Can Classical Guitars Have Cutaways? Exploring Design Innovation and Player’s Perspective

Cutaways refer to a section of the guitar’s body where the upper part of the side is removed, allowing easier access to the frets on the instrument’s neck. Though this practical feature has started to gain popularity among a wide array of guitar manufacturers, those catering to the classical crowd seem to stay away from it. So, why is that – can classical guitars have cutaways?

Classical guitars can have cutaways; however, that’s not the norm, especially among more traditional guitarists. That’s because, historically, classical guitars are made with wide, rounded bodies that don’t provide easy access to the higher frets, and adding a cutaway changes their tonal qualities. Classical guitars always come with a more traditional approach, and luthiers want to keep it that way, giving importance to historical features like body shape and aesthetical considerations.

You might be wondering – wouldn’t adding a cutaway to a classical guitar provide easier access to the frets and, thus, make the playing experience easier? So, how come the feature never really took off among these musicians? You’ll find the answers to these questions and more below, so make sure to read on.

Why Most Classical Guitars Don’t Have Cutaways

If you’ve ever seen a classical guitar before, you know that these instruments boast a signature rounded body shape that’s been used for centuries. This design is often praised for its ability to produce a warm, full-bodied tone that’s ideal for the genre.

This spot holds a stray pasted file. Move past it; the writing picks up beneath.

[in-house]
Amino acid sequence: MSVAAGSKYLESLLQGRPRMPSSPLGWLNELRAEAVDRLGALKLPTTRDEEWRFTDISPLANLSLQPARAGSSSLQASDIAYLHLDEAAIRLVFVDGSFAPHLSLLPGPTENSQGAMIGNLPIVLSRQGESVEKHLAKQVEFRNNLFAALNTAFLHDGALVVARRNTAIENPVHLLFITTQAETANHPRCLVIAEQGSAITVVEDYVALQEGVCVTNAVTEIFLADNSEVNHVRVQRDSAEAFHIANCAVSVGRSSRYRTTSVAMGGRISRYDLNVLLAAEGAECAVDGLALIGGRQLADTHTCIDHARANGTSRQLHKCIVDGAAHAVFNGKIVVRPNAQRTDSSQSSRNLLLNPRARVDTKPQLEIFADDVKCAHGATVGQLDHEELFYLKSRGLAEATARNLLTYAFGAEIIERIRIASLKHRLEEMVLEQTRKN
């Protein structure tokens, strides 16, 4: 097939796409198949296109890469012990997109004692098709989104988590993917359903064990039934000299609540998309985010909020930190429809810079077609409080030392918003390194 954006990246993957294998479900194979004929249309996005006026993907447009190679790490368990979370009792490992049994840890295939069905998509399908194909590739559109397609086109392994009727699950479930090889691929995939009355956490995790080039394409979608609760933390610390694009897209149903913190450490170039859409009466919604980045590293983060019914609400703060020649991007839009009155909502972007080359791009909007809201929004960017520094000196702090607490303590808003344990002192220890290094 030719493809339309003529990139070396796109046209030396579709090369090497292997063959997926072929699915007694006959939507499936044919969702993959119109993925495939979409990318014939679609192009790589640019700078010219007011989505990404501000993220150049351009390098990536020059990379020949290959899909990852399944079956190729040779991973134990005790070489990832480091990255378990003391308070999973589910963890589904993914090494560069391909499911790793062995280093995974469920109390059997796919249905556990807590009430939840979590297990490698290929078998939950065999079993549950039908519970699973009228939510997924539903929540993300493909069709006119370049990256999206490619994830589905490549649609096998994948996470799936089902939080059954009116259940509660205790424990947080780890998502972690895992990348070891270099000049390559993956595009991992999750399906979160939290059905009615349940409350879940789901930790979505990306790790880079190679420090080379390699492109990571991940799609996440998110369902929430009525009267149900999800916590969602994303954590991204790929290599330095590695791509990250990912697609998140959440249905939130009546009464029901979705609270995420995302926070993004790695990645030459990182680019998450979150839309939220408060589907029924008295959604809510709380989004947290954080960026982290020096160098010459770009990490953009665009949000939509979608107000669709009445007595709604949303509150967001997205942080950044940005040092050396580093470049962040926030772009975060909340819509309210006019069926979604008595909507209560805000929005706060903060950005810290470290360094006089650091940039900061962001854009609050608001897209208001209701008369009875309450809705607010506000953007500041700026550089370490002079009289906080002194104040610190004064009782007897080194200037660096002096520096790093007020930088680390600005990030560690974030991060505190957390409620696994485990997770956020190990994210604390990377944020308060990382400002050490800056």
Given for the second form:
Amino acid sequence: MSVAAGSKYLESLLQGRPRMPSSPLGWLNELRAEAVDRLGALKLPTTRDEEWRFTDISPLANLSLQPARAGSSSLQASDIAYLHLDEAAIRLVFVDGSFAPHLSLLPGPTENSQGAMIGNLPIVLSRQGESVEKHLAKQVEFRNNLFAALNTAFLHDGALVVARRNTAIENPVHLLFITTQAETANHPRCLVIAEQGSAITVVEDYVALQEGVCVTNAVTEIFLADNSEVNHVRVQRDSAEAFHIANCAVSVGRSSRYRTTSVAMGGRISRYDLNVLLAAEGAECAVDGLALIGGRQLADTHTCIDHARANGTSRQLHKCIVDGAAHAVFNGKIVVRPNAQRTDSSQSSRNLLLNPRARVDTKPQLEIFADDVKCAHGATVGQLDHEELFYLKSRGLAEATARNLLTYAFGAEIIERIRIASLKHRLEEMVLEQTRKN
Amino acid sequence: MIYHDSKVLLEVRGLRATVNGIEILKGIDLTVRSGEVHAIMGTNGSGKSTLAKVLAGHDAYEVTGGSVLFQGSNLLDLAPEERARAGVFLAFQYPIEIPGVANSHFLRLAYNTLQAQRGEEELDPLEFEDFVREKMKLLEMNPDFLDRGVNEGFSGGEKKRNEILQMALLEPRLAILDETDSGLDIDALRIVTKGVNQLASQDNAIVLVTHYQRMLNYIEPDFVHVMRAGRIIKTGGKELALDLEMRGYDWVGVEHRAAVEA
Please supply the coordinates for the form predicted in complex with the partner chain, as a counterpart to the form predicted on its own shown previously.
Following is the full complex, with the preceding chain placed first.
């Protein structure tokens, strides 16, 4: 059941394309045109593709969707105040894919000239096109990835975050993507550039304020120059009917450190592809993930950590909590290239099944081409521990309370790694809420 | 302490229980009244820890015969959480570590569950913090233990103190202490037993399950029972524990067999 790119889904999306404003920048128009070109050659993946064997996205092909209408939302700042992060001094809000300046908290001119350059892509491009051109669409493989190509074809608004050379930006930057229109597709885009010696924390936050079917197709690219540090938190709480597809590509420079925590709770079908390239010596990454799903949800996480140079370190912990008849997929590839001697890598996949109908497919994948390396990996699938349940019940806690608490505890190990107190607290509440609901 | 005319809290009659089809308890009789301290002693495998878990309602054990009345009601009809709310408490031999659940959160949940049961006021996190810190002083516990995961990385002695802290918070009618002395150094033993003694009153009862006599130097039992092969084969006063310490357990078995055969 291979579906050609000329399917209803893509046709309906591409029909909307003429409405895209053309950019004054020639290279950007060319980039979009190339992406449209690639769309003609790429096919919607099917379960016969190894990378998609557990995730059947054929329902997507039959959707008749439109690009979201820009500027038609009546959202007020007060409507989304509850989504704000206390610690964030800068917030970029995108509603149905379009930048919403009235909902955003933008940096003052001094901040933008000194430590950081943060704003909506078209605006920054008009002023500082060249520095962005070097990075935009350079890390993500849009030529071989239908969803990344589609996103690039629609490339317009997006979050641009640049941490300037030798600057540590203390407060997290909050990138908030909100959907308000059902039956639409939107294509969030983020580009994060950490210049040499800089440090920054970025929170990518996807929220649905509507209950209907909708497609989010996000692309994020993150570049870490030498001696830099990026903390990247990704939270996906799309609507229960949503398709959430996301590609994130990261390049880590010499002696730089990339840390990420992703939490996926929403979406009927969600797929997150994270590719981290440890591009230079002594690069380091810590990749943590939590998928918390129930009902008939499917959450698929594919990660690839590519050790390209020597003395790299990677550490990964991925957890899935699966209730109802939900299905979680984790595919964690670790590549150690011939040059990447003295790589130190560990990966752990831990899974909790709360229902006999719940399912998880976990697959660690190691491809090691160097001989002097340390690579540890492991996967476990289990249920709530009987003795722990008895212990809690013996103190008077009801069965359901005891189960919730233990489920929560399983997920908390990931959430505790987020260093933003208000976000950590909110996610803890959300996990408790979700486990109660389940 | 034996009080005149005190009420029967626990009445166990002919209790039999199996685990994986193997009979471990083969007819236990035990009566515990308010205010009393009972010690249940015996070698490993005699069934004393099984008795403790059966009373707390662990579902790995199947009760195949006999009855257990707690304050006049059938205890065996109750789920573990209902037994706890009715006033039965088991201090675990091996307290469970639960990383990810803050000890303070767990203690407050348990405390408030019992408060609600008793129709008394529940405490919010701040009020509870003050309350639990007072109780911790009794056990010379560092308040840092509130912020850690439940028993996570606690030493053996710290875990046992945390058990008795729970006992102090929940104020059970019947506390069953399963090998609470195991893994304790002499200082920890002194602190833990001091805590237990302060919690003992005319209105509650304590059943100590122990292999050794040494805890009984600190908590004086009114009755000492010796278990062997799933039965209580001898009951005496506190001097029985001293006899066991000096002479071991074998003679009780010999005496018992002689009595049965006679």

The traditional build of a classical guitar puts more emphasis on the resulting sound rather than playability or practicality. That’s why cutaways are rarely included in these kinds of guitars, which are widely viewed as a practical addition to any instrument.

Instead, they’re more commonly found on steel-string acoustic and electric guitars, where the design aims to emphasize playability and facilitate access to the upper frets. However, since classical guitar music is generally played in the lower positions of the neck, this type of increased access isn’t always necessary.

Moreover, classical guitarists generally use a different technique than their peers, anchoring their thumb on the back of the guitar’s neck, allowing them to easily access the higher frets without needing a cutaway.

What’s more, the classical guitar-playing crowd tends to be a bit conservative in its approaches, and it’s very rare for players to sway from traditional instruments, shapes, and techniques. For example, classical guitars do not have inlay dots to navigate through the fretboard easier for players. This is also because of the traditional approach, just like the cutaway-less design.

Though some might consider this level of perseverance overkill, it’s important to note that the whole character of the genre relies on the warm, smooth sound and tonal quality that these guitars produce.

Adding a cutaway will affect both features, leading to an undesirable classical guitar that has lost its prized tonal quality. That’s why, even today, you’ll rarely find classical guitars with cutaways, especially among older, more traditional musicians.

Musicians aren’t the only ones taking a stance against modern variations of their beloved traditional guitars, as audiences of the genre also favor more classical models that produce the type of sound they’ve grown to know and love.

With all that said, you may still find some modern variations that include this feature; just be prepared to sacrifice some of that rich, full-bodied sound that classical guitars are known for.